"Why mess around with Catholicism when you can have your own customized religion?"
Fed up with his parents' boring old religion, agnostic-going-on-atheist Jason Bock invents a new god -- the town's water tower. He recruits an unlikely group of worshippers: his snail-farming best friend, Shin, cute-as-a-button (whatever that means) Magda Price, and the violent and unpredictable Henry Stagg. As their religion grows, it takes on a life of its own. While Jason struggles to keep the faith pure, Shin obsesses over writing their bible, and the explosive Henry schemes to make the new faith even more exciting -- and dangerous.
When the Chutengodians hold their first ceremony high atop the dome of the water tower, things quickly go from merely dangerous to terrifying and deadly. Jason soon realizes that inventing a religion is a lot easier than controlling it, but control it he must, before his creation destroys both his friends and himself.
- National Book Awards
There are no customer reviews available at this time. Would you like to write a review?
Simon & Schuster Books For Young Readers
August 23, 2005
Number of Print Pages*
Adobe DRM EPUB
* Number of eBook pages may differ. Click here for more information.
Excerpt from Godless by Pete Hautman
In the beginning was the Ocean. And the Ocean was alone.
Getting punched hard in the face is a singular experience. I highly recommend it to anyone who is a little too cocky, obnoxious, or insensitive. I also recommend it to people who think they're smart enough to avoid getting punched in the face by the likes of Henry Stagg.
I was all those things the day Shin (real name: Peter Stephen Schinner) and I ran into Henry beneath the water tower. Henry was in the company of three lesser juvenile delinquents -- Mitch Cosmo, Marsh Andrews, and Bobby Something-or-Other. None of the four were particularly dangerous one-on-one, but in a pack? That was different.
"Hey, Henry, how's it going?" I said, striving for the sort of gruff heartiness I imagined he might respect.
"Who's that? Is that Jay-boy and Schinner?" Henry squinted ferociously, his face scrunched into a hard little knot. He was wearing his usual getup: beat-up cowboy boots, jeans, and a black T-shirt. "What're you guys doing here?"
"Just hangin' out," I said. I wasn't about to tell Henry what we were really doing there.
"With each other? You guys must be desperate," he said. Then he laughed. Bobby, Mitch, and Marsh all laughed too. The three stooges. Watching Henry as if he were the most fascinating thing they'd ever seen.
I have to admit, Henry Stagg is an interesting specimen. He's only about five-foot-five and scrawny as a wild cat, but Henry has presence. He's twitchy, cobra-quick, and wound up so tight you just know something has to give. Henry has a history of sudden, unprovoked violence. That makes him both dangerous and exciting company. Fortunately -- or so I thought -- Henry and I had always gotten along just fine. That might have had something to do with the fact that I'm twice his size. Also, I figured I could outthink him any day of the week.
"Could be worse," I said. "We could be hanging out with you guys." I laughed to make sure he knew I was kidding, which I wasn't.
Henry gave me a neutral scowl. "So how come you're hangin' out here?"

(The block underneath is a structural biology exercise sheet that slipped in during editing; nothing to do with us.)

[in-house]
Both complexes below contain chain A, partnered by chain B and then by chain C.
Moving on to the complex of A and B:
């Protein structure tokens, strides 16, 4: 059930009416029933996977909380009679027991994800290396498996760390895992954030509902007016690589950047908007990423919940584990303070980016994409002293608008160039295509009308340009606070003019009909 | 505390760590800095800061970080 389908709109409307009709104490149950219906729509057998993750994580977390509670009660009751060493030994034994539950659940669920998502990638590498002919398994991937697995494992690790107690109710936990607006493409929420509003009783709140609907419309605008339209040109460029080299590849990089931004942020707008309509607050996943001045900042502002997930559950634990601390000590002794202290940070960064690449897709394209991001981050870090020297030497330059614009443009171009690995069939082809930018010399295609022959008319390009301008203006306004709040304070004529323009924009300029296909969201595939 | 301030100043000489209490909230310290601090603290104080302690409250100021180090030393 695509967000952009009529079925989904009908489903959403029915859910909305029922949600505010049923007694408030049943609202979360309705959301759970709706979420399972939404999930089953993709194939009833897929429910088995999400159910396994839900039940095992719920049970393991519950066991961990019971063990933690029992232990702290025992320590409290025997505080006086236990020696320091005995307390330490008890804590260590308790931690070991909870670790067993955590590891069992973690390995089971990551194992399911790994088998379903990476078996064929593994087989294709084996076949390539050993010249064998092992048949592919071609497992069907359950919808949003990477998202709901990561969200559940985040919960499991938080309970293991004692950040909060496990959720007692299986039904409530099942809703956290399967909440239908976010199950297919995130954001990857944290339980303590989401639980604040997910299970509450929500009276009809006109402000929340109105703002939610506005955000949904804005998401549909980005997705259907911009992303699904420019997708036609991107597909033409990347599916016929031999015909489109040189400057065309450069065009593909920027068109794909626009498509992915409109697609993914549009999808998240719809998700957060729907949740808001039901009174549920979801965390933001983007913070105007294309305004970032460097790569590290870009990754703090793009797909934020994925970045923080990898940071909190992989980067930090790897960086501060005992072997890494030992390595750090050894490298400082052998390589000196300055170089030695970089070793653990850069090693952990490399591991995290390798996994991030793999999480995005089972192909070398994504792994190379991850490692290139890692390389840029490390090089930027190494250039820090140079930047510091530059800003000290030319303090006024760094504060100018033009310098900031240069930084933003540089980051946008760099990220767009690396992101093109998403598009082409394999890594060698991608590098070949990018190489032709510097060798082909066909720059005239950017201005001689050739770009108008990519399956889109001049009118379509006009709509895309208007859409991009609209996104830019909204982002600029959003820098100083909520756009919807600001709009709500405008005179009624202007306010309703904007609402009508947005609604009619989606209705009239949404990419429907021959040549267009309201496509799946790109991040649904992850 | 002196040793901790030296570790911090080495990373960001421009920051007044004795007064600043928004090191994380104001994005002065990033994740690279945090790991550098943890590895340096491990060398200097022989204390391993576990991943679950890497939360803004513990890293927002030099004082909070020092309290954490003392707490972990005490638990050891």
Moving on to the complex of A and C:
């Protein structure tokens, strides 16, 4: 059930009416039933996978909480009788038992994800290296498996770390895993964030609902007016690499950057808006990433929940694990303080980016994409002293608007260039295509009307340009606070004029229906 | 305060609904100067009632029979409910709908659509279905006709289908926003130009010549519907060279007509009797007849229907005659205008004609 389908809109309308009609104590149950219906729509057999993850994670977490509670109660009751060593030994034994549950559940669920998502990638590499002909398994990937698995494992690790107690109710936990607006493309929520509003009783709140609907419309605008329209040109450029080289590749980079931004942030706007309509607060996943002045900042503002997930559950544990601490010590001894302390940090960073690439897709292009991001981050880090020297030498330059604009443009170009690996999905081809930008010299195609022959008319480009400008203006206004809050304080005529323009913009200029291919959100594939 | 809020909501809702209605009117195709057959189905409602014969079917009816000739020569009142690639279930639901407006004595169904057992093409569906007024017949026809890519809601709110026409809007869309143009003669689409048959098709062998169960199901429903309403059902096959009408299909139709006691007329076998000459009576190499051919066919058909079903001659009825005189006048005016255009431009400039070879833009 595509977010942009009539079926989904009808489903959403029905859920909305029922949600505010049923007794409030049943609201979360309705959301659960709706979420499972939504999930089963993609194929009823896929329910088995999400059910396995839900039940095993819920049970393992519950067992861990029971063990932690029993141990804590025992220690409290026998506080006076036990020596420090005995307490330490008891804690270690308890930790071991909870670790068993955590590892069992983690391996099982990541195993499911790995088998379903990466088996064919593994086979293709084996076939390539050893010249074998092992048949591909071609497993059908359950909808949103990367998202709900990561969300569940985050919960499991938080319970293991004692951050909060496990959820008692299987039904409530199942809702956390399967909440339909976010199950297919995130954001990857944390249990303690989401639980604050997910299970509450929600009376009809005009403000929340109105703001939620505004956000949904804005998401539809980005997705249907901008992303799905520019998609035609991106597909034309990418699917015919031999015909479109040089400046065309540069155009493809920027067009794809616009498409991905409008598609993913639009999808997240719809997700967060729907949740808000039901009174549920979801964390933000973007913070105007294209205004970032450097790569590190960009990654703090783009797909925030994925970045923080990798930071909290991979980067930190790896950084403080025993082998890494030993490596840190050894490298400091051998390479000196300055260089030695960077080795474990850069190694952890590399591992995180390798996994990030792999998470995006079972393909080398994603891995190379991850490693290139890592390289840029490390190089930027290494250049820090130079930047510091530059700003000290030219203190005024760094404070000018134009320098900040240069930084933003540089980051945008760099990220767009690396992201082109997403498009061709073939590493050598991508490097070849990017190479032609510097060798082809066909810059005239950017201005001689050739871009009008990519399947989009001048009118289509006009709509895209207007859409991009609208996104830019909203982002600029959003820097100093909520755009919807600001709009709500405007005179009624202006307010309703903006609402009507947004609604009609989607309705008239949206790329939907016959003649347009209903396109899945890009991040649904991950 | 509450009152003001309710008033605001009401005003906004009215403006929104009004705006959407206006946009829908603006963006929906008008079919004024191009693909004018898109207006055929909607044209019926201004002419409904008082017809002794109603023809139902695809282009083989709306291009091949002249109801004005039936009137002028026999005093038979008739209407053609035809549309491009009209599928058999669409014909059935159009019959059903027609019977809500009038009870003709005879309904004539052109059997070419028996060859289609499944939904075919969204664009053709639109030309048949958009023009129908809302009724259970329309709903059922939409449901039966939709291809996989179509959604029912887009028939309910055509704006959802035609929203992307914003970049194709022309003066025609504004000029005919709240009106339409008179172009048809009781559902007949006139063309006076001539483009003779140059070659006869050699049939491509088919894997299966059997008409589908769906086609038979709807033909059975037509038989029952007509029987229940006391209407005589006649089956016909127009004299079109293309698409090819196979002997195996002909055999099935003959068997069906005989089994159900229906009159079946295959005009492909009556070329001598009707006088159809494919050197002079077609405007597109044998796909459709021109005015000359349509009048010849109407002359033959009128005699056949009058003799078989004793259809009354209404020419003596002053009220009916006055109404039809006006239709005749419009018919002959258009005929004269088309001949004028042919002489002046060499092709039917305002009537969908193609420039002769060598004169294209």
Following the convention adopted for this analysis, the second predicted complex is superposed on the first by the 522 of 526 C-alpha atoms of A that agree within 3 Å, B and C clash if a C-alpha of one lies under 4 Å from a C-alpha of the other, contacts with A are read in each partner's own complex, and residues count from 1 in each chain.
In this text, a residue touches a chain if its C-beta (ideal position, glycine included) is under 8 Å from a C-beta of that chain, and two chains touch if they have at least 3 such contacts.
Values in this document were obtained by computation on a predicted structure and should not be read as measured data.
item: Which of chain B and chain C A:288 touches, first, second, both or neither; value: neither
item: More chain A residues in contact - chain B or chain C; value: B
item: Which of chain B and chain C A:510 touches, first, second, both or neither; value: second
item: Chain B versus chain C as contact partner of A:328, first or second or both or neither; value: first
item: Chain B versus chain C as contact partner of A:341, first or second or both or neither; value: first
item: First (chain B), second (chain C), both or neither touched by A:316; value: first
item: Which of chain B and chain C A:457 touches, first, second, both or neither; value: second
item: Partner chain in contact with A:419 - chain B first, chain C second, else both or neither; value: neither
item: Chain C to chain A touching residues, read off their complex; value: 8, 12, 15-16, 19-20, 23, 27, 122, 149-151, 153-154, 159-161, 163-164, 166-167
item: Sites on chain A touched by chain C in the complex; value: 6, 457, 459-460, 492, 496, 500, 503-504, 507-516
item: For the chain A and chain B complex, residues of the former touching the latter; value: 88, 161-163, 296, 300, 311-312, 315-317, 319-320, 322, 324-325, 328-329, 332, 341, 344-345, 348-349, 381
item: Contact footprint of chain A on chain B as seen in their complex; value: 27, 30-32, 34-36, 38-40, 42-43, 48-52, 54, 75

"We're working on a science project," Shin said in his Shinny voice. I groaned silently. I've gotten used to Shin's somewhat high-pitched, nasal voice, but it sends a guy like Henry right up the wall.
"A science project?" Henry said, lifting his voice to a quavering falsetto. "I thought fags were only interested in hairdressing and ballet."
"I'm not a fag," Shin said, his voice rising even higher. And I thought, Uh-oh.
"Not a fag?" Henry piped, raising his arms to display his knobby hands hanging slack from the ends of his wrists.
Shin, realizing that he was headed for trouble, crossed his arms over his notebook and went into his shell. More about that later. Henry capered in front of him, hopping from toe to toe, chanting, "I'm not a fag I'm not a fag I'm not a fag..." Shin just stood frozen, staring at the ground. Henry dropped his arms and walked up to him and stuck his face a few inches from Shin's and shouted, "Anybody home?"
Shin said nothing. Henry's jaw muscles flexed and the veins on his neck throbbed. Shin didn't even blink. When he went into his shell you couldn't pry him out if you stuck a firecracker in his ear. Not until he was ready.
Henry looked at me. "What's the matter with him?"
"Nothing," I said.
"Hit him," said Bobby. "Give him one."
The stooges laughed as if Bobby had said something witty.
Henry glared at them. Beneath it all, Henry had his rules. It wasn't his style to hit someone who was, say, unconscious. He wouldn't beat up a little kid, or an old lady -- at least not without just cause. And he could sense that Shin, in his shell, was just as helpless.
"Push him over," Marsh suggested. "See if he, like, tips."
Henry put his palm against Shin's chest and gave a little test shove. Shin teetered, but his internal gyroscope kept him erect. Henry realized that a more aggressive push would topple Shin, but he decided not to do it.
"What's the matter with him?" Henry asked me again.
"He just gets that way sometimes."
Marsh said, "He must be, like, some kinda, like, freak."
"He's not a freak," I said, knowing that Shin was hearing everything.
Henry shifted his attention to me.
"You guys are both freaks. Look at you. How much do you weigh?"
"One ninety-four," I said, taking my standard thirty-pound deduction.
"I bet you weigh two hundred and fifty. You're huge."
I wanted to say something like, To a Munchkin like you, everybody must look huge. But I just looked back at him.